A New Jersey state court judge recently found that plaintiffs could not establish proximate cause in 31 failure to warn claims where the prescribing physicians testified that their decision to prescribe the drug would not change even if the manufacturer had given a stronger warning regarding irritable bowel disease. See January 29, 2016 Order. Judge Nelson Johnson dismissed each of the inadequate warning cases relating to Defendant Hoffmann-La Roche Ltd.’s acne drug Accutane.

In conducting its analysis, the Court recognized the application of the Learned Intermediary Doctrine in New Jersey, which holds that: (1) a prescription drug manufacturer fulfills its duty to warn if it provides adequate warnings to the prescribing physician; and (2) a manufacturer has no duty to ensure that the warning reaches the patient. Accordingly, the adequacy of that warning must be assessed from the physician’s – not the patient’s – perspective. In providing testimony in failure to warn cases, the physician is afforded the opportunity to engage in “hindsight” and opine on what he would have done differently, if anything, given what is known at the time of his deposition. Here, in each of the 31 cases, the plaintiffs’ doctors testified that, even with a different warning, he would still have prescribed Accutane. Therefore, the manufacturer’s failure to give the warning urged by the plaintiffs was not the proximate cause of plaintiffs’ injuries.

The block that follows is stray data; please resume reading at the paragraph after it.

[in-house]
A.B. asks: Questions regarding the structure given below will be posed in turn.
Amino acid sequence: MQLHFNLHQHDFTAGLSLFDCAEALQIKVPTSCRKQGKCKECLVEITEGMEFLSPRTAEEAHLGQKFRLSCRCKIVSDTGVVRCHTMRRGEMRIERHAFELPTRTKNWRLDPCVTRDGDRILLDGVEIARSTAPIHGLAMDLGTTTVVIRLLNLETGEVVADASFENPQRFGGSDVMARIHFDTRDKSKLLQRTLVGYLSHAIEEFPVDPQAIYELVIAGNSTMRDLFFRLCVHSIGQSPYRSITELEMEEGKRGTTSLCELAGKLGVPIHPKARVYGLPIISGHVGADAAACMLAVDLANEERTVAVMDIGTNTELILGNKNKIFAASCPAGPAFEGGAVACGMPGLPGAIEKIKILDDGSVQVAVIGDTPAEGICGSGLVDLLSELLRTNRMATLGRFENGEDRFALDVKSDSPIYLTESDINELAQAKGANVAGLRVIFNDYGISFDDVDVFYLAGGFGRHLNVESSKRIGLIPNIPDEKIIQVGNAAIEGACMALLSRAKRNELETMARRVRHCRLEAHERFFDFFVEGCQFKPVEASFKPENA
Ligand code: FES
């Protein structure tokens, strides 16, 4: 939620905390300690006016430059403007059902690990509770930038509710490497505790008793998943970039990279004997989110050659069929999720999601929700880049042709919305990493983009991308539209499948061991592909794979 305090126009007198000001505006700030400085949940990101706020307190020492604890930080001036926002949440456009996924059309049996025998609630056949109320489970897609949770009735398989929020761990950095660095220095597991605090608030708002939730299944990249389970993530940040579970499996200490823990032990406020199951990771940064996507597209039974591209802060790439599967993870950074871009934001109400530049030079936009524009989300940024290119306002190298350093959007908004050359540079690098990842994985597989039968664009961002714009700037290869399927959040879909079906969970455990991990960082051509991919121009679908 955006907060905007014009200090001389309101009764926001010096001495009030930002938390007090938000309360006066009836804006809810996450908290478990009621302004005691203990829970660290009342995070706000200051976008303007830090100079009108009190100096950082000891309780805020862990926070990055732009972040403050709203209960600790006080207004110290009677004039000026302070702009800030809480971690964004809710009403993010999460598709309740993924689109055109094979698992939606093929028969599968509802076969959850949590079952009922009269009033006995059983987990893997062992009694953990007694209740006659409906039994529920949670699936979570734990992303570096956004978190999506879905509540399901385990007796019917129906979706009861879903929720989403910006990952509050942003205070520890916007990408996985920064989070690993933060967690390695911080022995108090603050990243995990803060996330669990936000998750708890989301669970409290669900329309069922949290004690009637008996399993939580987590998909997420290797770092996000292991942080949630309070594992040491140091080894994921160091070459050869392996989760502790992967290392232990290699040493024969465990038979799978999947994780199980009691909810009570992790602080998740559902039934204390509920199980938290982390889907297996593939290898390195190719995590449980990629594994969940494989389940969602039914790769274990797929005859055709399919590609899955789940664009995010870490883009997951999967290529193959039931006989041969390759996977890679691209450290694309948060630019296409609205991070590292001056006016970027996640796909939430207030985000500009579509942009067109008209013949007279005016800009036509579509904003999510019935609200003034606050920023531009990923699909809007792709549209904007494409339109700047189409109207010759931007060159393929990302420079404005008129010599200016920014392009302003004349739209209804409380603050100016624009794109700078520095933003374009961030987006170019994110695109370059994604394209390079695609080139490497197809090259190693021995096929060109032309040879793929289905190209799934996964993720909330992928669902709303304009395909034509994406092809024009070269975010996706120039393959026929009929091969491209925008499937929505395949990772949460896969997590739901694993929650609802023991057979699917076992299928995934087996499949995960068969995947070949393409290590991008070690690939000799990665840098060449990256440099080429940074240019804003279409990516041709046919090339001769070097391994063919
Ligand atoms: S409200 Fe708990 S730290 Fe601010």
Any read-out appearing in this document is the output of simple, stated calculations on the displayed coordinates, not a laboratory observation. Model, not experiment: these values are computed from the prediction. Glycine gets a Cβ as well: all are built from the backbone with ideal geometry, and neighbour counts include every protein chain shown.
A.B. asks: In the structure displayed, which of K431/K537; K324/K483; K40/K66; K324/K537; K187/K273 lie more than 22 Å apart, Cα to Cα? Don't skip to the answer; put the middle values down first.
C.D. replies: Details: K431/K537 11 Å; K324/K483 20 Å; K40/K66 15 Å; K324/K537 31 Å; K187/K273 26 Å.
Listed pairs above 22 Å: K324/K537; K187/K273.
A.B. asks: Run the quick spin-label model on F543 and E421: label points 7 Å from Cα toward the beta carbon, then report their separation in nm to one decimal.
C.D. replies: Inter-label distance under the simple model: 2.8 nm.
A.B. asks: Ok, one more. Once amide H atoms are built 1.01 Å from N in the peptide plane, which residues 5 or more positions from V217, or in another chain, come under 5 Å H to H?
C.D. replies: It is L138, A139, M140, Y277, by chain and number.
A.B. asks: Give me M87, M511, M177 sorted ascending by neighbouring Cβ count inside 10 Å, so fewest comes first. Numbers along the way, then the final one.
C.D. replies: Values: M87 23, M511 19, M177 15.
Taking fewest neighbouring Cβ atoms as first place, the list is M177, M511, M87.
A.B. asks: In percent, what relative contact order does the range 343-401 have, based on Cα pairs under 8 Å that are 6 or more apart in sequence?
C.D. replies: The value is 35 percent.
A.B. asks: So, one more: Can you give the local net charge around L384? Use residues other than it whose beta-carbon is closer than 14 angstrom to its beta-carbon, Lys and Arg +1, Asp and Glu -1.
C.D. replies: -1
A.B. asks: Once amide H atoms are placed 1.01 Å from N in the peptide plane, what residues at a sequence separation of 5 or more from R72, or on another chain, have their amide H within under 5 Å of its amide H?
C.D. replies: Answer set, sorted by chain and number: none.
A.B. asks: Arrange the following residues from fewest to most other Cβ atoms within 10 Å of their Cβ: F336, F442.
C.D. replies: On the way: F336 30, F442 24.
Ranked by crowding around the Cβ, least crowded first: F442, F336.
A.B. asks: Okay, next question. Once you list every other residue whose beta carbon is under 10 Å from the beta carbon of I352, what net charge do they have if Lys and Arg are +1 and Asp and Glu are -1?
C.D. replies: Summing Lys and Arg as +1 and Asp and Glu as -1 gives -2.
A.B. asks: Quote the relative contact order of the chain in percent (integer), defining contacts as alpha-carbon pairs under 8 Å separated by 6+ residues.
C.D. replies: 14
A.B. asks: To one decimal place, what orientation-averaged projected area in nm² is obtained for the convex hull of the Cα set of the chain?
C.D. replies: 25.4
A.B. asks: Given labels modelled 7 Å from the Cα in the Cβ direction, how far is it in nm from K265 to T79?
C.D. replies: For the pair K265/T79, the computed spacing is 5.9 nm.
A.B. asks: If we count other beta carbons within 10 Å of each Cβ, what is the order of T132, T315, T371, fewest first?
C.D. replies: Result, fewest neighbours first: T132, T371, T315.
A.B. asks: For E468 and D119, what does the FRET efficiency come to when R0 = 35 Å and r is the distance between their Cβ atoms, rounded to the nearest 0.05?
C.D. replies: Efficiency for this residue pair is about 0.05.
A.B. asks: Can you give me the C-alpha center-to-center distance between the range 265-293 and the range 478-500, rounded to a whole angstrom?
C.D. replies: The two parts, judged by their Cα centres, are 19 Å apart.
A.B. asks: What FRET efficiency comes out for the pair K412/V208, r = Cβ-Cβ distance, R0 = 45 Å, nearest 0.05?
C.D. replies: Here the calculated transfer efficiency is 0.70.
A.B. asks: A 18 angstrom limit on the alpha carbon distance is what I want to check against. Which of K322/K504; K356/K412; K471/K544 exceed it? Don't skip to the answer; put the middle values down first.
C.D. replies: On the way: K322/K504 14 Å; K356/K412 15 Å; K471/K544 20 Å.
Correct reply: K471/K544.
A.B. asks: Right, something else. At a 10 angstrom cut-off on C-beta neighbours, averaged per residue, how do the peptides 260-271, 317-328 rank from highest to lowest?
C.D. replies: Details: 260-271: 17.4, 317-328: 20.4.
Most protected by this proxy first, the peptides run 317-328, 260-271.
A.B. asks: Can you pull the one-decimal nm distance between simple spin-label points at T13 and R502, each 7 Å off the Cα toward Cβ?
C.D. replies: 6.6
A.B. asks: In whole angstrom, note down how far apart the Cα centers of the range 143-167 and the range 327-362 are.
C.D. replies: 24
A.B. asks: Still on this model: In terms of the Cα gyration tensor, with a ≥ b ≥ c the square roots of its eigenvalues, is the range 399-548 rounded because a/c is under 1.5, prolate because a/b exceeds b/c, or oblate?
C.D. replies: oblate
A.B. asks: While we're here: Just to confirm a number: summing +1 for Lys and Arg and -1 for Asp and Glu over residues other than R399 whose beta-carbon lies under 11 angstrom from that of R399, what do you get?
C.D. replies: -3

The fact that a physician’s testimony on the effect of an allegedly stronger warning can be dispositive is of great potential help to manufacturers facing challenges to good drugs with strong labels. Manufacturers’ counsel will certainly want to prepare to elicit a favorable admission during their prescribing physician examinations.